Trees and serpentine

There’s a stretch of Castle Drive, up in the Piedmont Pines neighborhood, lined with huge trees. On the Walk Oakland map, it’s even labeled “Colonnade of Eucalyptus.”


These give me mixed feelings, as tree removal projects have aroused lately elsewhere in Oakland.

First, there’s the experience the trees provide. For one thing, you basically can’t walk here, so the colonnade is not a realistic attraction for walkers. Its main effect is a momentary diversion for drivers, who really don’t need one at this location.

Second, there’s the effect on the surroundings. As you climb up in this valley, the trees emerge as a very tall fence that blocks the view of the hills and the city and the bay.

Third, there’s the geologic setting. This part of the roadway runs along a very steep 40-degree slope through pure serpentinite, visible in the small landslide scar on the right side of the photo. Serpentine rock is poor footing for these massive trees. The trees may seem like they’re buttressing the roadway, but when they inevitably tip over in a storm or earthquake, they’ll uproot it instead, forcing the locals to drive up and down Ascot Drive for many months.

But how about that rock? Here’s a hunk of it that spilled across the road.


And here’s a hand specimen. I love this stone, but roadbuilders don’t.


It’s not my problem, since I don’t live there, but I think the best thing to do is to turn this colonnade into a line of ground-level stumps. The root systems would bolster the soil for another decade or so, giving the city time to plan and execute a properly engineered roadway. And bollards set in the stumps would preserve the trees’ most useful current function of keeping cars out of the canyon.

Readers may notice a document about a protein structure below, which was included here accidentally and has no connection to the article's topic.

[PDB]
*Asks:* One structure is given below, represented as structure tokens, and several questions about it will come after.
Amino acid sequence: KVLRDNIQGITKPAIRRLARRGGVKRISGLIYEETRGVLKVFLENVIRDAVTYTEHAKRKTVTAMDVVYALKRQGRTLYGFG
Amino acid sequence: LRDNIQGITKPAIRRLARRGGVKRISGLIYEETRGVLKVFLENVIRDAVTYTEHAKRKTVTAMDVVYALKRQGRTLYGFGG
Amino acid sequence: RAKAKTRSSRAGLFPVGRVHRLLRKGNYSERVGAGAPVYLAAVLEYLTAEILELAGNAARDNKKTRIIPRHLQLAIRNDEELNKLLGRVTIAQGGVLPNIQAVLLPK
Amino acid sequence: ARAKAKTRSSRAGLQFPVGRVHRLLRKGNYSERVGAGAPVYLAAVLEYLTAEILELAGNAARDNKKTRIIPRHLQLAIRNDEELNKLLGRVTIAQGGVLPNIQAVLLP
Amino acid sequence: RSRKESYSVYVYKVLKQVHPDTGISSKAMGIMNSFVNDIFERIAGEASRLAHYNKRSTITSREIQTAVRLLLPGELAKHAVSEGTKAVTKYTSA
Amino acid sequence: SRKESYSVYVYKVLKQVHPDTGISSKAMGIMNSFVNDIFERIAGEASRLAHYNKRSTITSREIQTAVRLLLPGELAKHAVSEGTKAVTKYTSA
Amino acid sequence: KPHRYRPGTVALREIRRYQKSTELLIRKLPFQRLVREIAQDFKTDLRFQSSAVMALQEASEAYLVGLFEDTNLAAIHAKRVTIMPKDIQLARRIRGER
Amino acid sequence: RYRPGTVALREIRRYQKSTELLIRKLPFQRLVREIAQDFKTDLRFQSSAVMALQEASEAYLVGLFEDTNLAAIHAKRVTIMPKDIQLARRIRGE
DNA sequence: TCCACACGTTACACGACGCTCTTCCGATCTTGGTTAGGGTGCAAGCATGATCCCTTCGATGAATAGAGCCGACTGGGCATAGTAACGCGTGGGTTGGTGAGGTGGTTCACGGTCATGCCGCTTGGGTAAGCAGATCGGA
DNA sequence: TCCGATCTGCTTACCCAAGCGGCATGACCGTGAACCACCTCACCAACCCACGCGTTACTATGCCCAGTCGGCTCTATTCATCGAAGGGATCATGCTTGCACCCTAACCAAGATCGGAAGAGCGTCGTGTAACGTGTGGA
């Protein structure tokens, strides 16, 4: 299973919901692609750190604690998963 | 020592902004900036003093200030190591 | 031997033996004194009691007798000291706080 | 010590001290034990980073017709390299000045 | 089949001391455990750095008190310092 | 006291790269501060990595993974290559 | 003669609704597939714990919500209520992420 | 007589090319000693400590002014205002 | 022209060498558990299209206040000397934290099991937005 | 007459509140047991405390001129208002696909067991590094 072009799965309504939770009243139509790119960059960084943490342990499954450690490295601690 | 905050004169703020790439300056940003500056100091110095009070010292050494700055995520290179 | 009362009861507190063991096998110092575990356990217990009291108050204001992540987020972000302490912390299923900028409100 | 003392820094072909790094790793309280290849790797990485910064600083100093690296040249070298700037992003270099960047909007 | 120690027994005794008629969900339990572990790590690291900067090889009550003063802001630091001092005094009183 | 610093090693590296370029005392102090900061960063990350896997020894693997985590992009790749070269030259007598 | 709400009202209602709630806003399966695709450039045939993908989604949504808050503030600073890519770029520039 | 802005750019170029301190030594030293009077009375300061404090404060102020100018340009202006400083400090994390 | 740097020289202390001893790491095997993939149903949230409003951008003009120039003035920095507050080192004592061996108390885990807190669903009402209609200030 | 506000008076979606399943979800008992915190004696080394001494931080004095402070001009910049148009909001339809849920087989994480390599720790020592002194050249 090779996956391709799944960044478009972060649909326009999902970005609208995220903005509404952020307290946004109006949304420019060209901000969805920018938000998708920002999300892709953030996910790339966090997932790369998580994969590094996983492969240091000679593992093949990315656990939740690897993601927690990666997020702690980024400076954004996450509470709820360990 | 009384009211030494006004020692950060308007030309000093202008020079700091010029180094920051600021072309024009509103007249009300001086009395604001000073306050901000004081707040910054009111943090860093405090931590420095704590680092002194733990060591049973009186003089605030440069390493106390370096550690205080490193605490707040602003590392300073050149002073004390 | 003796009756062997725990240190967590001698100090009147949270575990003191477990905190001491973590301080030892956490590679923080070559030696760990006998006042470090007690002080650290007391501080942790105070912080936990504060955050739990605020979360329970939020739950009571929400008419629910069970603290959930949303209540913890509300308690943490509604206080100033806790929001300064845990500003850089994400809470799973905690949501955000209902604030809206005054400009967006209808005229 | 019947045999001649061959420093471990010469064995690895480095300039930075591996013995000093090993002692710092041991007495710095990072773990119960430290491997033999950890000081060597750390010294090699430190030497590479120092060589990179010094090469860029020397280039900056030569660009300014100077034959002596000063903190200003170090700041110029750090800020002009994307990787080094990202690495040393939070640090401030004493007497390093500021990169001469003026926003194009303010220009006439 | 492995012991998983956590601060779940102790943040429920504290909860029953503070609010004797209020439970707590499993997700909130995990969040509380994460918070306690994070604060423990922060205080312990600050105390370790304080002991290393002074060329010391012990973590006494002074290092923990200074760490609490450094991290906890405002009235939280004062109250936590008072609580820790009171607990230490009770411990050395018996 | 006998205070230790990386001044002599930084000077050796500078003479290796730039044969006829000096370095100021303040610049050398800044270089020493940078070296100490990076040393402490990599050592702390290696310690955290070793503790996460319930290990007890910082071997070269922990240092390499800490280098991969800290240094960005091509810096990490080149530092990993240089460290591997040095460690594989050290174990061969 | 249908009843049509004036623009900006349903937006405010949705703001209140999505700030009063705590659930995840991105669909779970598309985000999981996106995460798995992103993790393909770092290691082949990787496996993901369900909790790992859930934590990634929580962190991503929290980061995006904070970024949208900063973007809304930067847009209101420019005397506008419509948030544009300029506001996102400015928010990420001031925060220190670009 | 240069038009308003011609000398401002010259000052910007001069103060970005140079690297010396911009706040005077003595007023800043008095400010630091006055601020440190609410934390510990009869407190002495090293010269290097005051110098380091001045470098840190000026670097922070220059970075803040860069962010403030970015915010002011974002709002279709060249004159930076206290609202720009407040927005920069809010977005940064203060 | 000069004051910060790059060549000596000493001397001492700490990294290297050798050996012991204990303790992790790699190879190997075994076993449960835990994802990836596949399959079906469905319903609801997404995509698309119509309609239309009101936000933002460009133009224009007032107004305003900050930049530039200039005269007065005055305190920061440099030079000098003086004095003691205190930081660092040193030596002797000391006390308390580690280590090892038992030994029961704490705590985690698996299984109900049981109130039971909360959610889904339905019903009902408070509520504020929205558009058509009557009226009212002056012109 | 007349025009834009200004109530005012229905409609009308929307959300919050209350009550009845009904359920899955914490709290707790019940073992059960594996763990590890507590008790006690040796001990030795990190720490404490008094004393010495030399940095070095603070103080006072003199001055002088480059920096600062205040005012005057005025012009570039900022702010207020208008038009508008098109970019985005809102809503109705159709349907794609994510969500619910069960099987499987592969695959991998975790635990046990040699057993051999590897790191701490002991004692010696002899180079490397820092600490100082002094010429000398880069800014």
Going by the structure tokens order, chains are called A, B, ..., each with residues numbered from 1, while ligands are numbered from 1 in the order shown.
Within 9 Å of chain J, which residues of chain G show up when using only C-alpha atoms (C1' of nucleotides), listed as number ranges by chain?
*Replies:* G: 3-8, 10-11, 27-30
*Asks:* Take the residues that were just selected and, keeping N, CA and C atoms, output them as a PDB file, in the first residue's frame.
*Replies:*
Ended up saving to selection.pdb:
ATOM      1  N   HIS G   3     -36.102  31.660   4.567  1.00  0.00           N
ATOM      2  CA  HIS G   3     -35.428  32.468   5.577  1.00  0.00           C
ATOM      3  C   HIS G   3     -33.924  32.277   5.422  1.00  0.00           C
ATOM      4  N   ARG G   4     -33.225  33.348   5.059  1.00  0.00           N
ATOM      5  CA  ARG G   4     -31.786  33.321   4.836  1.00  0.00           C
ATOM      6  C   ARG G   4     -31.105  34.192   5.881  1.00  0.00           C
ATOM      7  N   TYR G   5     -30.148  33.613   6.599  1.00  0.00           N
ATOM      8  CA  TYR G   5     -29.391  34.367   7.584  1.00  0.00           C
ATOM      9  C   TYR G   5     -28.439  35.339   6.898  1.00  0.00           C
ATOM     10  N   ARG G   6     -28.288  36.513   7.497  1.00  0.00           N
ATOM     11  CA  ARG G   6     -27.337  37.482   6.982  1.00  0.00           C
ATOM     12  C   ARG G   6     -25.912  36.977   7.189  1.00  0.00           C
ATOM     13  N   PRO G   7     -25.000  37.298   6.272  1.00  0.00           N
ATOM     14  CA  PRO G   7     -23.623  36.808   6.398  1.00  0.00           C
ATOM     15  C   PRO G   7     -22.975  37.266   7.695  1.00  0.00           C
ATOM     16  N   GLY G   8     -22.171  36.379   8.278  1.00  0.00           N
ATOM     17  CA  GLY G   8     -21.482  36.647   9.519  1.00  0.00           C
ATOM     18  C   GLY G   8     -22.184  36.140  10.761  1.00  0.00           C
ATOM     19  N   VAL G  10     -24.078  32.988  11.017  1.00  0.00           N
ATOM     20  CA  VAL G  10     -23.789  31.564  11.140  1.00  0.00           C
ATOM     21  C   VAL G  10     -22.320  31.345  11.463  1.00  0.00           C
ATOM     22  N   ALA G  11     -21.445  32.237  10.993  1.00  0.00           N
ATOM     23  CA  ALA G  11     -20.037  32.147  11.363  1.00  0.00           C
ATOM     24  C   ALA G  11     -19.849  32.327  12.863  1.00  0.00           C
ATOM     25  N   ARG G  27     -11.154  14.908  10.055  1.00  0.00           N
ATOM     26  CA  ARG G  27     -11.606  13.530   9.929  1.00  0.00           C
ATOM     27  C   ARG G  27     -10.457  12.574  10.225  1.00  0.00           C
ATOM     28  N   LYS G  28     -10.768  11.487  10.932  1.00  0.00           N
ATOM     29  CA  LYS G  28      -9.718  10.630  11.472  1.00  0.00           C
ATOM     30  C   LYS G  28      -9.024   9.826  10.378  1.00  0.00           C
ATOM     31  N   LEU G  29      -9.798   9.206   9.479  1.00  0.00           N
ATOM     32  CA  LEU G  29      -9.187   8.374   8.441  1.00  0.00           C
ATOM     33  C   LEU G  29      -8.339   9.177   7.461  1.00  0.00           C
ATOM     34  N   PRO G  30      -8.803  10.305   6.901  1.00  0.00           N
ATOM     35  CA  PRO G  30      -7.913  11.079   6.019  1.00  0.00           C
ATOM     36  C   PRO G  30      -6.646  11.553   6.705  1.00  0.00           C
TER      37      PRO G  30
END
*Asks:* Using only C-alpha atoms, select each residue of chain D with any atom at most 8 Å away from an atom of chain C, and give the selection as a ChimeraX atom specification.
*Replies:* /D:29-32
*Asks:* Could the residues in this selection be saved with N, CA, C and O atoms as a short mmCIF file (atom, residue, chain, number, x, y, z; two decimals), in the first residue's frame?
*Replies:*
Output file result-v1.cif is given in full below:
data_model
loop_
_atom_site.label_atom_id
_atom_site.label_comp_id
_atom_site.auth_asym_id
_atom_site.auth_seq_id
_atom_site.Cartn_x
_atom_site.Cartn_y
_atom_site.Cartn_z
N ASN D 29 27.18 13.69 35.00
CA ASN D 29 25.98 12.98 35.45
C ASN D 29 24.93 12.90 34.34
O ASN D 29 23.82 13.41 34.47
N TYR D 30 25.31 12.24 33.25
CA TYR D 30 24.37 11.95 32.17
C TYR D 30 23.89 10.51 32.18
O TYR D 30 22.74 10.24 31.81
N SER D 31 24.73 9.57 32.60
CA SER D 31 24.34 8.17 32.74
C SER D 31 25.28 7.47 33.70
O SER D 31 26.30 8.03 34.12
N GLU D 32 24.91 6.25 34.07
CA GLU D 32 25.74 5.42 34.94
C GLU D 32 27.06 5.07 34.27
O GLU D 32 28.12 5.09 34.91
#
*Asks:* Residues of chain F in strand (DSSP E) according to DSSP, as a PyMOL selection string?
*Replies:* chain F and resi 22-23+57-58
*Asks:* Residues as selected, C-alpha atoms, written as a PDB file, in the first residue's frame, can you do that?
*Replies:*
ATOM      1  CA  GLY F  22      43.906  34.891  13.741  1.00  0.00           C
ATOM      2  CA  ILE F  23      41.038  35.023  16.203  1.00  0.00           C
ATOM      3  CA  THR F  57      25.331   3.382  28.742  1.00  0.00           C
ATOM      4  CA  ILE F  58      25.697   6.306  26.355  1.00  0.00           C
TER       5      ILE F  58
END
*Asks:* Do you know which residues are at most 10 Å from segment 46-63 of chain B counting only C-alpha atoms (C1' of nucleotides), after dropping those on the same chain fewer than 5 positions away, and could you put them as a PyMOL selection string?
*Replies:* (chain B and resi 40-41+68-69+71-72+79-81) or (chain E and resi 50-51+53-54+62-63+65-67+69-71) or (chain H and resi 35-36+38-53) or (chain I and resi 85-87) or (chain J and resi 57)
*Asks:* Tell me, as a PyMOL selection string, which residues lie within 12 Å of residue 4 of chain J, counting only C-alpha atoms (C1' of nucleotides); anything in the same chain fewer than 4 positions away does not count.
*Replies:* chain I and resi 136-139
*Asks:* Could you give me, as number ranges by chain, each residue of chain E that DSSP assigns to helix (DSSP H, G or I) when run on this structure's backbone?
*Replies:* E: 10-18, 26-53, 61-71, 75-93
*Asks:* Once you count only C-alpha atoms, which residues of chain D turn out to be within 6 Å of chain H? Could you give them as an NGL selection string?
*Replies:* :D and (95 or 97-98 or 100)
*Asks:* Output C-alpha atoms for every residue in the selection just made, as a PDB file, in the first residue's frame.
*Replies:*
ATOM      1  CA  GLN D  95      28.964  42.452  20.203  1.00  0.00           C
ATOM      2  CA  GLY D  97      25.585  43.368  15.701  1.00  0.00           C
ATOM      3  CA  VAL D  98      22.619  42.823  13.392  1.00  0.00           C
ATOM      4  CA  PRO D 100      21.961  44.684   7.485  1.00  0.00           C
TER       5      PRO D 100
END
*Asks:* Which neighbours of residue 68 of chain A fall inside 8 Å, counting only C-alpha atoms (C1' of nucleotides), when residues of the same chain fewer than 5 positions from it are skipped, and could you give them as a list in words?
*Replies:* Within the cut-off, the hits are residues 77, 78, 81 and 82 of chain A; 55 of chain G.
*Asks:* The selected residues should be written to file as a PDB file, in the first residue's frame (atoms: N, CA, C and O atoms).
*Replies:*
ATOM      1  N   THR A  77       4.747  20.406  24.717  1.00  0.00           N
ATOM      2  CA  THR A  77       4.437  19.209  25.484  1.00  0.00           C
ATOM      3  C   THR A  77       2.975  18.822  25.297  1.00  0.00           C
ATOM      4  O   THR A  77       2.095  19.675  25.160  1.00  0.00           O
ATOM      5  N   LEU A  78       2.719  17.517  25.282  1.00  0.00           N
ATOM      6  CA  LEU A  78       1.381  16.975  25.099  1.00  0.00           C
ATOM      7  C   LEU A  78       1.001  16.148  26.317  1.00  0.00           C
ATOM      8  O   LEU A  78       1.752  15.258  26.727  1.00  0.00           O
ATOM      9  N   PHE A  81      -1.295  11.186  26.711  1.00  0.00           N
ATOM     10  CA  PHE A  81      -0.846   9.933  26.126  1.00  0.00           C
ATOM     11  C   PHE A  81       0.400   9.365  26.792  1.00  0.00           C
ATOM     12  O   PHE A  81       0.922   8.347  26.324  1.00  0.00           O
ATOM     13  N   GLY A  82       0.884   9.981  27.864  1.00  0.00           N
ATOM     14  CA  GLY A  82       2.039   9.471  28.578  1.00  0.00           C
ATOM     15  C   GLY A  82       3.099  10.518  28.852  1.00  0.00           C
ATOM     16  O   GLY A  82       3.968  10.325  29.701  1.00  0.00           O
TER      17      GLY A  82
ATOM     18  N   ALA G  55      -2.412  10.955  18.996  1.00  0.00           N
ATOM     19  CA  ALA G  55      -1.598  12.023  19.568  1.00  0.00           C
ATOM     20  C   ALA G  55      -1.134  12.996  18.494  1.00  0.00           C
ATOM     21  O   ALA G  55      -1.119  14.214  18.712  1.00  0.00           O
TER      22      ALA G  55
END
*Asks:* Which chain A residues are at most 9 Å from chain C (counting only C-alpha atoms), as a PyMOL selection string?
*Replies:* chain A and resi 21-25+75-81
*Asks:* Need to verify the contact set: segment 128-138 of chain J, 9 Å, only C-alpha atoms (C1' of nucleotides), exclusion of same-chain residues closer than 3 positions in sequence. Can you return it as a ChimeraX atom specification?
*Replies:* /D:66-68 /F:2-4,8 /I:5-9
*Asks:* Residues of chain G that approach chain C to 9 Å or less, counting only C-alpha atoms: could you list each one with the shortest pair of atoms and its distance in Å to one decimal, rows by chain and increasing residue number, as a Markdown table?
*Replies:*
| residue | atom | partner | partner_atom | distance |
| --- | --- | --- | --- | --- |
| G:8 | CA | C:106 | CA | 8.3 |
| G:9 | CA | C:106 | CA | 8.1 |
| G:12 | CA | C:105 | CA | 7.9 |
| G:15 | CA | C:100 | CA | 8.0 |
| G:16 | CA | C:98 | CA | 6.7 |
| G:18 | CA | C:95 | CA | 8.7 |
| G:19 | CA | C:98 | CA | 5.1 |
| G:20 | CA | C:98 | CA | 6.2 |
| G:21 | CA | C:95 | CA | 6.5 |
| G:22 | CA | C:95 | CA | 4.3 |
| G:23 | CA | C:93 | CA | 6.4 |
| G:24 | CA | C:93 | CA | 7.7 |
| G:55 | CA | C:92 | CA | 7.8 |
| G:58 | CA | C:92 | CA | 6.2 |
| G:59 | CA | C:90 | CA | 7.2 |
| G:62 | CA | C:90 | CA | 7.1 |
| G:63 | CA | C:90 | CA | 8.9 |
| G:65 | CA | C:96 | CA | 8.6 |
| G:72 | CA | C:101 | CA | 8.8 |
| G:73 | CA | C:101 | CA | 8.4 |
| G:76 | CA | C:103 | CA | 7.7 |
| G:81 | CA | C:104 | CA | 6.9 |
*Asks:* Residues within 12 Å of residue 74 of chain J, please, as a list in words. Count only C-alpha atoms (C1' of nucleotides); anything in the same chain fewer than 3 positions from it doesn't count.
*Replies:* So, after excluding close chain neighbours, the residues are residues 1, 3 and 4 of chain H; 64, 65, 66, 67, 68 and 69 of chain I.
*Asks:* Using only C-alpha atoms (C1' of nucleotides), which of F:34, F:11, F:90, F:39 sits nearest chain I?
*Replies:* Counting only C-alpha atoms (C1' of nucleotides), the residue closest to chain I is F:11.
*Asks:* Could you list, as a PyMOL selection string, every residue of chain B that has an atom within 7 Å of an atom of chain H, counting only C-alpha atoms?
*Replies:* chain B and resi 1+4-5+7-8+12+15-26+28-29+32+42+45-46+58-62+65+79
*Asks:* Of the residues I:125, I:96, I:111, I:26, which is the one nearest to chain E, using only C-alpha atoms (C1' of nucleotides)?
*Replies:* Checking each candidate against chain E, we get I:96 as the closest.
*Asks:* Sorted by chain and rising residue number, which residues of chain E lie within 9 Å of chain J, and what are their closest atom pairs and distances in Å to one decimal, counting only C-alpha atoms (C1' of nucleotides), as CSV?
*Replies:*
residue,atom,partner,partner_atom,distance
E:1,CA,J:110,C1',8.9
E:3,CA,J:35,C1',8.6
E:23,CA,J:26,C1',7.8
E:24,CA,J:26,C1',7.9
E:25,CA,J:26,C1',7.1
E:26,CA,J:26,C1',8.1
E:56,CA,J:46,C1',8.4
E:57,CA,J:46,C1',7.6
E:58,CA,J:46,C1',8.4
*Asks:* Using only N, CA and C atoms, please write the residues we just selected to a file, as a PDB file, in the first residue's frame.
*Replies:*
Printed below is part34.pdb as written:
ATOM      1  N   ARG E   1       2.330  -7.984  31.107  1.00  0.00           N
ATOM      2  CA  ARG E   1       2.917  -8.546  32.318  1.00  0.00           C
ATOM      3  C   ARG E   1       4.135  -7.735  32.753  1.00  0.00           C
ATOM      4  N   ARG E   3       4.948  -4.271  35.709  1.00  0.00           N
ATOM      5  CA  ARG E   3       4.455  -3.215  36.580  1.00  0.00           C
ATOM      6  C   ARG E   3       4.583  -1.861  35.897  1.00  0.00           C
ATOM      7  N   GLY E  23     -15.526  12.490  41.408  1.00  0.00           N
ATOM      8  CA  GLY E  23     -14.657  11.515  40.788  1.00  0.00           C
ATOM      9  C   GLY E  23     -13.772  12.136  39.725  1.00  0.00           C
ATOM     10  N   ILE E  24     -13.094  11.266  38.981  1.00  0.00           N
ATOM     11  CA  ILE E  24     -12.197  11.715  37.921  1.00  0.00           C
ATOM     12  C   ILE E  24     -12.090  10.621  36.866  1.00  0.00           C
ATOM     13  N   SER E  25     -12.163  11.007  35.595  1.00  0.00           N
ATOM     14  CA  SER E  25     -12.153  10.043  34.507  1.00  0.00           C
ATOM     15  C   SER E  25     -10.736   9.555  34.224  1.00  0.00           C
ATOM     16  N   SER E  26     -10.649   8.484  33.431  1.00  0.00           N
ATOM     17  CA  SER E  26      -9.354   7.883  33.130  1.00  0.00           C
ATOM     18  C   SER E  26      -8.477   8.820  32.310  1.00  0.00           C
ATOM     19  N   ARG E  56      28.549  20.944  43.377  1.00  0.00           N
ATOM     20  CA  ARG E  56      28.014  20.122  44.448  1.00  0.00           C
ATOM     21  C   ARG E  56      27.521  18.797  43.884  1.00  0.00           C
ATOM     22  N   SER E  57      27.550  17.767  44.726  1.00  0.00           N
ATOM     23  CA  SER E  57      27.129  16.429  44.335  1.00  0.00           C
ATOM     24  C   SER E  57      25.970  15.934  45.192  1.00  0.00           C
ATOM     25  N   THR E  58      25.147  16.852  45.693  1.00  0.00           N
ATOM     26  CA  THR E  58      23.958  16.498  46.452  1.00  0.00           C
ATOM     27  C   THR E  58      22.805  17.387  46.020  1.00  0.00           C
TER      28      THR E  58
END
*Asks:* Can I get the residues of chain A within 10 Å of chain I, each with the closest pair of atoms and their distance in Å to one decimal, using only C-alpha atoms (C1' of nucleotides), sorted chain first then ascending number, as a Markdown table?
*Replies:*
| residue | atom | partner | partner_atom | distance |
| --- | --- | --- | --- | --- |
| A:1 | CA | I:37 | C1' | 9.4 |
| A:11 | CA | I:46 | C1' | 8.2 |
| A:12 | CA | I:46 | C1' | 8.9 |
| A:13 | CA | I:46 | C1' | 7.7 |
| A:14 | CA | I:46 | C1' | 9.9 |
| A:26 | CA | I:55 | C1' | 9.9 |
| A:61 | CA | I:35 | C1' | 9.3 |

Trees are supposed to be wonderful stockpiles of carbon, sequestering it from the atmosphere. For me, that argument shouldn’t apply to individual trees or even individual groves of trees. What do we do, in the long run, with the carbon in trees—pile the trunks in pyramids? Carbon is best stored in the soil, where it provides excellent tilth and maintains a thriving ecosystem that resists fire and drought. It’s like circulating money in an economy: do you hoard it in vaults or spread it around among people ready to use it as a medium of exchange? Humans have spent thousands of years degrading the world’s soils, and I’d rather we begin to restore them.

4 Responses to “Trees and serpentine”

  1. Andrew Says:

    It depends. Pure serpentinite isn’t fertile on its own, but if nutrients are available some species can make a go of it. For instance, over the hill at Serpentine Prairie, dogshit and pine-tree droppings have altered the soil chemistry enough for noxious weeds and non-native grasses to take hold. The park is pulling out the trees and trying to manage the dogs with fences and posted signs. But last time I was there, on Monday, I saw people walking around with their dogs unleashed anyway.

  2. P. Michael Hutchins Says:

    I thought nothing would grow in a serpentine/ite soil.

  3. BN Marion Says:

    The issue with our big Eucalyptus forests is that once you cut them down they tend to sprout back five-fold. I really don’t trust the City to do this job correctly. If you walk Leona Canyon behind Merritt college, I don’t think there is a non-native in site.

    [Yes, the job requires—horrors—strong herbicides. — Andrew]

  4. rabbiadar Says:

    Amen. As familiar a sight as those trees are to people in the neighborhood, they are trouble waiting to happen. Anyone who remembers what eucalyptus groves did in the Oakland Hills fires knows what I’m talking about. The road there is very, very narrow, unsafe for bicyclists, walkers, and on a busy day, even the cars.

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